In terms of the players, Ahmed Shehzad had a coming-of-age season. He was the top-scorer in ODIs and T20s, and also averaged 48 in Tests. Younis Khan also underlined his sheer class, and has stamped his place among the all-time greatest batsmen in Pakistan’s history. Afridi’s ODI average for the year was almost the same as Misbah’s, which spoke a lot about the contrasting efforts and fortunes of both men. Sarfaraz was a vital discovery, since he relieved Umar Akmal of the wicket-keeping duties and alongside provided impetus to the batting. As for Fawad Alam, I can only hope that he is not shuttled for the World Cup, as any other team in the world would probably look to build their post-tournament side around a player like him. Indeed, if we could forget the fact that Pakistani selections are almost always rage-inducingly stupid, this was a great year for young talent. Umar Akmal did well despite being shunted down the order, Haris Sohail was magnificent on debut while Sohaib Maqsood remained a solid choice.
But the bigger concern came from the bowlers. The fact that Yasir Shah and Zulfiqar Babar topped the Test charts showcased that Pakistan remains one of the world’s great bowling nations. But in either format, no frontline bowler played more than half the games. Injuries of all the pacers, particularly Junaid, remained a concern. An even bigger issue was the chucking bans — Ajmal’s career hangs by a thread, while Hafeez’s loss upsets the balance he brought to the side.
Behind the scenes, the debilitating drama of the PCB chairman dance came to an end, as a reluctant Shaharyar Khan was made boss. Najam Sethi meanwhile slipped further behind the scenes to retain a de facto sense of control. The return of Waqar Younis as coach and Moin Khan as selector invigorated the Test side, with batting coach Grant Flower and bowling coach Mushtaq Ahmed also receiving praise. The team did not have a single score below 100 in ODIs or Tests in 2014, and Waqar worked magic with the bowling squads. But the ODI team continued its struggles, and there is a sense that Pakistan is nowhere near finding its best XI going into the 2015 World Cup.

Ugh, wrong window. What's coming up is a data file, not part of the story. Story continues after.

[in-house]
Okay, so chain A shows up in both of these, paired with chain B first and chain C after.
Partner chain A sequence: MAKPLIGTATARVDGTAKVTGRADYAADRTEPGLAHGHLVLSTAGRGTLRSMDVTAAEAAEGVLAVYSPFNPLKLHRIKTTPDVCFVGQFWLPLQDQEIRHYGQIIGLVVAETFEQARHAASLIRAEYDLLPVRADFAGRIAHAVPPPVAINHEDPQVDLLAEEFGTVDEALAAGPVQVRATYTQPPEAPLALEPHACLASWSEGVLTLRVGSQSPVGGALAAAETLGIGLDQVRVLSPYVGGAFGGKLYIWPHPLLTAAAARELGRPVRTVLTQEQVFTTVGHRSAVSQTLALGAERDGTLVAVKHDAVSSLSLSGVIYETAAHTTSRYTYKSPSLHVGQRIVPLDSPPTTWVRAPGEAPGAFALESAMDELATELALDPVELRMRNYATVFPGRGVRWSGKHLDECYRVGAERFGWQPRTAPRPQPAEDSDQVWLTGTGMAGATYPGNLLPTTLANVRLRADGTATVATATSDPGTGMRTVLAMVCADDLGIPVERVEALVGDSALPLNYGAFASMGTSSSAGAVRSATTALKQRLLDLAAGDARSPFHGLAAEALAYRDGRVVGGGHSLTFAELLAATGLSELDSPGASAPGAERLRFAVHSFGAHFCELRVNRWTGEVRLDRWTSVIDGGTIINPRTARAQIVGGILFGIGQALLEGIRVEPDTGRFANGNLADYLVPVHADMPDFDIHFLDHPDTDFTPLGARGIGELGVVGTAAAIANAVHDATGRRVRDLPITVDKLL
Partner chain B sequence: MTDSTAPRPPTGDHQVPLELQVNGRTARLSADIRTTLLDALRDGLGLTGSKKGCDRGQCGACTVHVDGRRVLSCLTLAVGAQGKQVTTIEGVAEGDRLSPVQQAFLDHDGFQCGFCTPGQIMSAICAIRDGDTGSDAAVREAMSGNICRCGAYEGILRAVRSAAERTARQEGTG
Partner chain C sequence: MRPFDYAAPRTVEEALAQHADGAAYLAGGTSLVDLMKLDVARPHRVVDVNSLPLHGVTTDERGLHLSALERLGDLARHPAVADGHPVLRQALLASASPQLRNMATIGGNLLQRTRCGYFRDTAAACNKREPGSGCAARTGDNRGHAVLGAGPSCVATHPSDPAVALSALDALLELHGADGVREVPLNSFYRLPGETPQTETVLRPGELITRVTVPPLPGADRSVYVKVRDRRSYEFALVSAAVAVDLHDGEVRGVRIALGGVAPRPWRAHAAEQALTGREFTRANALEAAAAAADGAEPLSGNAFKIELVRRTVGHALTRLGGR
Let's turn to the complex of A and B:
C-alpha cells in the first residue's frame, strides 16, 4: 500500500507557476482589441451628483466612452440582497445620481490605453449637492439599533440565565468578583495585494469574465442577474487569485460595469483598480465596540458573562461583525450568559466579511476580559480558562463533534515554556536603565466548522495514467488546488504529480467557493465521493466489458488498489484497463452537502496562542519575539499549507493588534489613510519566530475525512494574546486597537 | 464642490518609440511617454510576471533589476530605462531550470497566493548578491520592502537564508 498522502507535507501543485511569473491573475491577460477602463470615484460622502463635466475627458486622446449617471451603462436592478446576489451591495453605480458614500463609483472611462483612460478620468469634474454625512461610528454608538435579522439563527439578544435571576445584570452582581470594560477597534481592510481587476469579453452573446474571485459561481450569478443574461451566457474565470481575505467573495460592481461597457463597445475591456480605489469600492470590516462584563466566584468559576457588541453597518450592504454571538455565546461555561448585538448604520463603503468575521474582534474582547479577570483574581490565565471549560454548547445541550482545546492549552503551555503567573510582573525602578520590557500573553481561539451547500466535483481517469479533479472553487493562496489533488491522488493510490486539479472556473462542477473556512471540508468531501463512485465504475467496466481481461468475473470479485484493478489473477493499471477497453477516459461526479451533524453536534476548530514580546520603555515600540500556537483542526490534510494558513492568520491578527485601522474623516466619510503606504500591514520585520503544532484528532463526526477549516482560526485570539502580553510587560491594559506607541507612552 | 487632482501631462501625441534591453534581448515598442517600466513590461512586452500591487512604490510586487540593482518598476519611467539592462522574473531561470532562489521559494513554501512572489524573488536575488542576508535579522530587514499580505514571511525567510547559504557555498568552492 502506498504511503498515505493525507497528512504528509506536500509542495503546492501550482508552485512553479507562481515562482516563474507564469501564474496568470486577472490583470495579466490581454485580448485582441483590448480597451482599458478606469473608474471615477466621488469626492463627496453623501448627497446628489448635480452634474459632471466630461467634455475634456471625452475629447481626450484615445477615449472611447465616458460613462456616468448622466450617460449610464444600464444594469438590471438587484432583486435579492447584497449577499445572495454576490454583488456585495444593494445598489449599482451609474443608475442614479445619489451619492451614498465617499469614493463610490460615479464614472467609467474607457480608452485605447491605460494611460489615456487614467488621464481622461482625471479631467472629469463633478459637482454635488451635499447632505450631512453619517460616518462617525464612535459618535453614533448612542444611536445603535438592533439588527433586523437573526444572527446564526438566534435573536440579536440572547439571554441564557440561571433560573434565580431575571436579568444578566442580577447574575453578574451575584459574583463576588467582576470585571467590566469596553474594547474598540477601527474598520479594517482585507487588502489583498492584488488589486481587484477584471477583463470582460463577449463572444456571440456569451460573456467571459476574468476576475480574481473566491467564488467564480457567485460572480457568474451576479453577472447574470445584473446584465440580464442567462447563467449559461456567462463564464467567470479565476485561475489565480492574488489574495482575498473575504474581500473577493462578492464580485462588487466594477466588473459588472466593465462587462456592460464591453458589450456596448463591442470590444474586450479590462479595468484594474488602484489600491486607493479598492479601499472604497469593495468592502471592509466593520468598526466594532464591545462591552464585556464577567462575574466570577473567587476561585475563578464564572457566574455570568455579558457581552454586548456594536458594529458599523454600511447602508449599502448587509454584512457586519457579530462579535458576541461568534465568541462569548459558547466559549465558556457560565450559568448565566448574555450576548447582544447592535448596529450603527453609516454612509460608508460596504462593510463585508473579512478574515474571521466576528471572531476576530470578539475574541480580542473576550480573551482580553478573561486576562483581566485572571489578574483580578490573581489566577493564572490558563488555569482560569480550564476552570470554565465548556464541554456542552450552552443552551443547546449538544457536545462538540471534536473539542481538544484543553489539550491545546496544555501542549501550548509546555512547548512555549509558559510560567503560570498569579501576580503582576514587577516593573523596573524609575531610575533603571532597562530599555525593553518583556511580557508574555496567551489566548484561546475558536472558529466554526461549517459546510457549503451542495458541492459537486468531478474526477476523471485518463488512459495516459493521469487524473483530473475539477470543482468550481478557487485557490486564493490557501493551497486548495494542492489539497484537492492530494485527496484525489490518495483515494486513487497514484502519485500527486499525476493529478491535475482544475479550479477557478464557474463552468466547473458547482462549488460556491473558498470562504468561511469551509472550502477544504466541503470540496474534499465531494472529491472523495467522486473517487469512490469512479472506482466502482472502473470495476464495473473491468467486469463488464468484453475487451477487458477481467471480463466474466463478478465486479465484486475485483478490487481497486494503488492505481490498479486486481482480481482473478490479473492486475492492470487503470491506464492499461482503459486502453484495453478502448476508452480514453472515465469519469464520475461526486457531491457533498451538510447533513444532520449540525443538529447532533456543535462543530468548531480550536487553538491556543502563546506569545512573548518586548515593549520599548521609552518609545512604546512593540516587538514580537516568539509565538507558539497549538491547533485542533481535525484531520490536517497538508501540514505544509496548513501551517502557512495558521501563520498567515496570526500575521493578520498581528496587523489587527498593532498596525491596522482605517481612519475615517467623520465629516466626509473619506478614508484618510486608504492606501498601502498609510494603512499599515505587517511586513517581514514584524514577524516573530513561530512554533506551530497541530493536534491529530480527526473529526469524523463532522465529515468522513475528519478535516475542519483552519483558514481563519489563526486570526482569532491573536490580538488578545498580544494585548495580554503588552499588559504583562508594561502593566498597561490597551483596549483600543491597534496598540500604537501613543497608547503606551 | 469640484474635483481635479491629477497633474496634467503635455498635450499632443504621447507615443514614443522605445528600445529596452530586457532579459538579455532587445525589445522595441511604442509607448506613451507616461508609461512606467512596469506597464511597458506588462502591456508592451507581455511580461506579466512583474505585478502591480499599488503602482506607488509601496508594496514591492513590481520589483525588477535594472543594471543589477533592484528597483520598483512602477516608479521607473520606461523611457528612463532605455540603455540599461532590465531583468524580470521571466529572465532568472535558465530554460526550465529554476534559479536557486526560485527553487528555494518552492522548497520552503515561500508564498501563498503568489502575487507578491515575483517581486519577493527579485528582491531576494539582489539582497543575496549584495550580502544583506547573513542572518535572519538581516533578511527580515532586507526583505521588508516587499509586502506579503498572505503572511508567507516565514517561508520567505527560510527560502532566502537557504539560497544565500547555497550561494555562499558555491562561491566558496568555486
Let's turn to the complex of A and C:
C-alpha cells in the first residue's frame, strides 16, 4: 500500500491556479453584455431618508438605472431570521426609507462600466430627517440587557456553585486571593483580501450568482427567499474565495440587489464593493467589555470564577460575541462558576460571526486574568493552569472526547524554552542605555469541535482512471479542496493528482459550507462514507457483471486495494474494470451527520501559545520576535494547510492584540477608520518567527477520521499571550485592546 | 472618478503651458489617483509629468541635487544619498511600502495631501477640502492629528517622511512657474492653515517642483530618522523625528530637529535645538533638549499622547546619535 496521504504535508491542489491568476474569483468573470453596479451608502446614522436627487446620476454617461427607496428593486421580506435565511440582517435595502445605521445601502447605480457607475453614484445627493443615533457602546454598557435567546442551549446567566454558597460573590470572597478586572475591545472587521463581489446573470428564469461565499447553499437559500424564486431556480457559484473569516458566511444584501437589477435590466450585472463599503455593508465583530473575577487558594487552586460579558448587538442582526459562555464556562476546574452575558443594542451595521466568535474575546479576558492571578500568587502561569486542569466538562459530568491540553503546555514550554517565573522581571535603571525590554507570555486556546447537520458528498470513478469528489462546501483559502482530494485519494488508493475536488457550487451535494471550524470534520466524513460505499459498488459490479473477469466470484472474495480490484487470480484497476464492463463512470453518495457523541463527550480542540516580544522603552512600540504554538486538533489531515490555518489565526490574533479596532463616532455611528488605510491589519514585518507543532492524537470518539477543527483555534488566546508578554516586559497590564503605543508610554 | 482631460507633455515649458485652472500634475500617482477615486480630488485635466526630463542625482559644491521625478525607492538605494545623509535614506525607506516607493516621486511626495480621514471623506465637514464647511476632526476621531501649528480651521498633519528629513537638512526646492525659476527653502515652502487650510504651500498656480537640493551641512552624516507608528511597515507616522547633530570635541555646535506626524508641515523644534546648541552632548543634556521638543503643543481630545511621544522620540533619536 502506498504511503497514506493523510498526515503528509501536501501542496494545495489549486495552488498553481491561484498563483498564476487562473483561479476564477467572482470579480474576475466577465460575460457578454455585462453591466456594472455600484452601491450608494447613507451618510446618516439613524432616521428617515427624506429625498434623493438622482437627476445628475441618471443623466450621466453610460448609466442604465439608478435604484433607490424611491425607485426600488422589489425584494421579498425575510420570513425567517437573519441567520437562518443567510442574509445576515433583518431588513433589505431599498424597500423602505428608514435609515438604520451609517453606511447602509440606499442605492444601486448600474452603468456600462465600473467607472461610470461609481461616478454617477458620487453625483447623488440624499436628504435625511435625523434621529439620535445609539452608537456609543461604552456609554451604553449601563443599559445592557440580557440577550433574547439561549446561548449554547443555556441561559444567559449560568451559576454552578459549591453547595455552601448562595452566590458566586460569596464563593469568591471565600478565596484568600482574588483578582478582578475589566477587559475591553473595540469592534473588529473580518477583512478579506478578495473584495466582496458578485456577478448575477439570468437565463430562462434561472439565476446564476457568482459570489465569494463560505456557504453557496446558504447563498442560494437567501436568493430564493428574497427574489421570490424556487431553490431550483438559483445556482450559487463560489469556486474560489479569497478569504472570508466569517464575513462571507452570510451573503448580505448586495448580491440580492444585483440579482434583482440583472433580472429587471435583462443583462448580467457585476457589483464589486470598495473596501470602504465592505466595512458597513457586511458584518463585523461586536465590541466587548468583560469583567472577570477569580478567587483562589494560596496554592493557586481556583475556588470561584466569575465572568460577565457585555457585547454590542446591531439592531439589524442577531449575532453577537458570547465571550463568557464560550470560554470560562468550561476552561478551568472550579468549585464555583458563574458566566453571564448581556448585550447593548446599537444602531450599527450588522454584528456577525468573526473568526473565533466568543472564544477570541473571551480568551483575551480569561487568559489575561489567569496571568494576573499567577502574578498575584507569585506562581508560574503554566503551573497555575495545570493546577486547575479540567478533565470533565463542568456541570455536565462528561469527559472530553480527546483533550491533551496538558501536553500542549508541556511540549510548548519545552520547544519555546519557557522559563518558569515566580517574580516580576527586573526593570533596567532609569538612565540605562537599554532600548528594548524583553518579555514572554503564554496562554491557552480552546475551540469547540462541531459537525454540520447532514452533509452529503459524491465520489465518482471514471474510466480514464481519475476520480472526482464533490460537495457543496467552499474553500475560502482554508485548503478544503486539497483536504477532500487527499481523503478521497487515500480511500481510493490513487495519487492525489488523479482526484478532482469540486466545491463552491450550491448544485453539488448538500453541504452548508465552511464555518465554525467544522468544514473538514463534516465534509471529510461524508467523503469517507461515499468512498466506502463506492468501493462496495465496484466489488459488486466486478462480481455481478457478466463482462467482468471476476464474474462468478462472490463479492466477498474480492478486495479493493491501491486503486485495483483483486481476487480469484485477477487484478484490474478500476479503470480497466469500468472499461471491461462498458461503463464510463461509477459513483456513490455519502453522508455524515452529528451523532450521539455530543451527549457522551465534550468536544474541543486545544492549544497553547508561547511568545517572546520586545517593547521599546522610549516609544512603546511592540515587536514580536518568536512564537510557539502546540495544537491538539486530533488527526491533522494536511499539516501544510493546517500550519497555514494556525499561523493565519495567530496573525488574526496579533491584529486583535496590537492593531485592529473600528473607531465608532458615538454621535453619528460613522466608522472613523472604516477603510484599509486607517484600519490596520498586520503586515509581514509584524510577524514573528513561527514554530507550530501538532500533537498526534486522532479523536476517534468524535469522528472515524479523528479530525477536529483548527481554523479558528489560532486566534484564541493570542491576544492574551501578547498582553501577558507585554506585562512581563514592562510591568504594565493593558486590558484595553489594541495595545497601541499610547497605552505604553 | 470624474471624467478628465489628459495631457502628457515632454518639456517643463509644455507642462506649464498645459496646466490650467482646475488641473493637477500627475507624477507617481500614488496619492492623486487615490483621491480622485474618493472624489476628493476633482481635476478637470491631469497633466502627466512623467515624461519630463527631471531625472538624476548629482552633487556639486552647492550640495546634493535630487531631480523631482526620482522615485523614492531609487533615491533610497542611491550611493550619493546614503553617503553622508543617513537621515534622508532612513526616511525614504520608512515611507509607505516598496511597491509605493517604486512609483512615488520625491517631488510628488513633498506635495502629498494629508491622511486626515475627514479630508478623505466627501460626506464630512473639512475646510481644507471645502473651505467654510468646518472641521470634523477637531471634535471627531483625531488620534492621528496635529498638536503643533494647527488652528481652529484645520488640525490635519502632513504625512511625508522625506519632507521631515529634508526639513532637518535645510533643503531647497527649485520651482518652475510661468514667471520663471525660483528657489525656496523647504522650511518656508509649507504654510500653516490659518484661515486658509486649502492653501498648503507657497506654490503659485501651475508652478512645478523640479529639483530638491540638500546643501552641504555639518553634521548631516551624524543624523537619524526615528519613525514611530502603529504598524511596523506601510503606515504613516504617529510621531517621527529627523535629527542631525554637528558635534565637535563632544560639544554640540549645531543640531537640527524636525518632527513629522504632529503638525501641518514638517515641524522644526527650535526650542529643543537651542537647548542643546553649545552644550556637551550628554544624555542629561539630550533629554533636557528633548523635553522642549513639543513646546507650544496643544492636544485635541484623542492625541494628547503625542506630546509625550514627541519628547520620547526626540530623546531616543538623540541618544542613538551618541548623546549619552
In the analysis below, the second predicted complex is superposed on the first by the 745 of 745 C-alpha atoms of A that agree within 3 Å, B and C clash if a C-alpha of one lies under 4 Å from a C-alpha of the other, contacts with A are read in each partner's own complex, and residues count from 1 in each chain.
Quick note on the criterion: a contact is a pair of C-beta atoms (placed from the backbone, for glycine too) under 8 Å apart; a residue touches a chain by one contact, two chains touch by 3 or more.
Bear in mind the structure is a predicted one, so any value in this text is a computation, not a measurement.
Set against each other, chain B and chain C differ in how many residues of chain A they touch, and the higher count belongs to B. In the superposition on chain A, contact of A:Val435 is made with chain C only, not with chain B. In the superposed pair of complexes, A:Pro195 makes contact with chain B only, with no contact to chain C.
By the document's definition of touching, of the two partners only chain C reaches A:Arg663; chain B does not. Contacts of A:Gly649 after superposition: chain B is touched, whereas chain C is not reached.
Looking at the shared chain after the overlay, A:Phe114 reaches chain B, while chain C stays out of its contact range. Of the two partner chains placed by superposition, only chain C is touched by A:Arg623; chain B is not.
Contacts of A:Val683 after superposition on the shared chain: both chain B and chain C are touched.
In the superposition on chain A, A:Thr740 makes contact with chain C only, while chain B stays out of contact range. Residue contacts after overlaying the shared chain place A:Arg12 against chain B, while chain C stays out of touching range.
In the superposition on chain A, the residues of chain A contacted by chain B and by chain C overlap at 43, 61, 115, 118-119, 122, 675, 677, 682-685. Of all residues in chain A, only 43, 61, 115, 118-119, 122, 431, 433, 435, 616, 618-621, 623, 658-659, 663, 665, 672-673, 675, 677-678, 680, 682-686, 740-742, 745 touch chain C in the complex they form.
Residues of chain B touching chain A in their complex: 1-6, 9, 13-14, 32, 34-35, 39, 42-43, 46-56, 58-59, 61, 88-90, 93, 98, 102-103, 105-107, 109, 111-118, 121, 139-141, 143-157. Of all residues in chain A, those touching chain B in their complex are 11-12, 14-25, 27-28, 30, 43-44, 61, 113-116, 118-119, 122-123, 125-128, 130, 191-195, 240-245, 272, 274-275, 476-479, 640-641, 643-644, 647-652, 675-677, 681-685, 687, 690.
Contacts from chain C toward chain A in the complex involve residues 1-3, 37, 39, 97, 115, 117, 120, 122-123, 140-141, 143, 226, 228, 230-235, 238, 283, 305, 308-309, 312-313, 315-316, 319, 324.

A bigger problem was the PCB’s efforts to return international cricket to Pakistan, a policy that continues to persist despite the country’s situation. A low-key tour by the Kenyan team almost turned into disaster when the Peshawar attack took place, highlighting the folly of the decision. What was worse was that little effort was made on the domestic scene, where selections for both the World T20 side and the ODI World Cup probables took place before the domestic tournaments in the respective formats were completed or held. A successful staging of one of the several T20 tournaments in Rawalpindi also begged for the PCB to rethink their strategy of hosting these crowd-pullers in the more apathetic cities of Karachi and Lahore. But that policy also continued, and an empty National Stadium played host to the final T20 tournament this year. One positive note was the efforts of the Lahore Lions in the Champion’s League T20, after they became the first Pakistani side to qualify for the tournament-proper, defeating an IPL side on the way. They didn’t get too far though, and the continued exclusion of Pakistani players from the IPL is beginning to show in the gulf in quality vis-a-vis other teams.
Looking ahead, the 2015 World Cup will mark the end of an era for Pakistan cricket, as it is highly likely that Misbah will join Afridi in leaving ODIs after it. But it would mean a chance to move past the difficult and resilient era since the 2009 terrorist attacks, and build upon Misbah’s success to take the team forward. The fear remains though that such an opportunity might be squandered. As for the tournament itself, it appears that the format will allow enough leeway for Pakistan to make it to the quarter-finals. Anything beyond that would be a bonus, although this is the sort of team that will always, for better or worse, be unpredictable.
These articles were originally published in Newsline’s Annual 2015 issue.
Ahmer Naqvi is a freelance writer and director of content at Patari, Pakistanâ€™s largest music portal.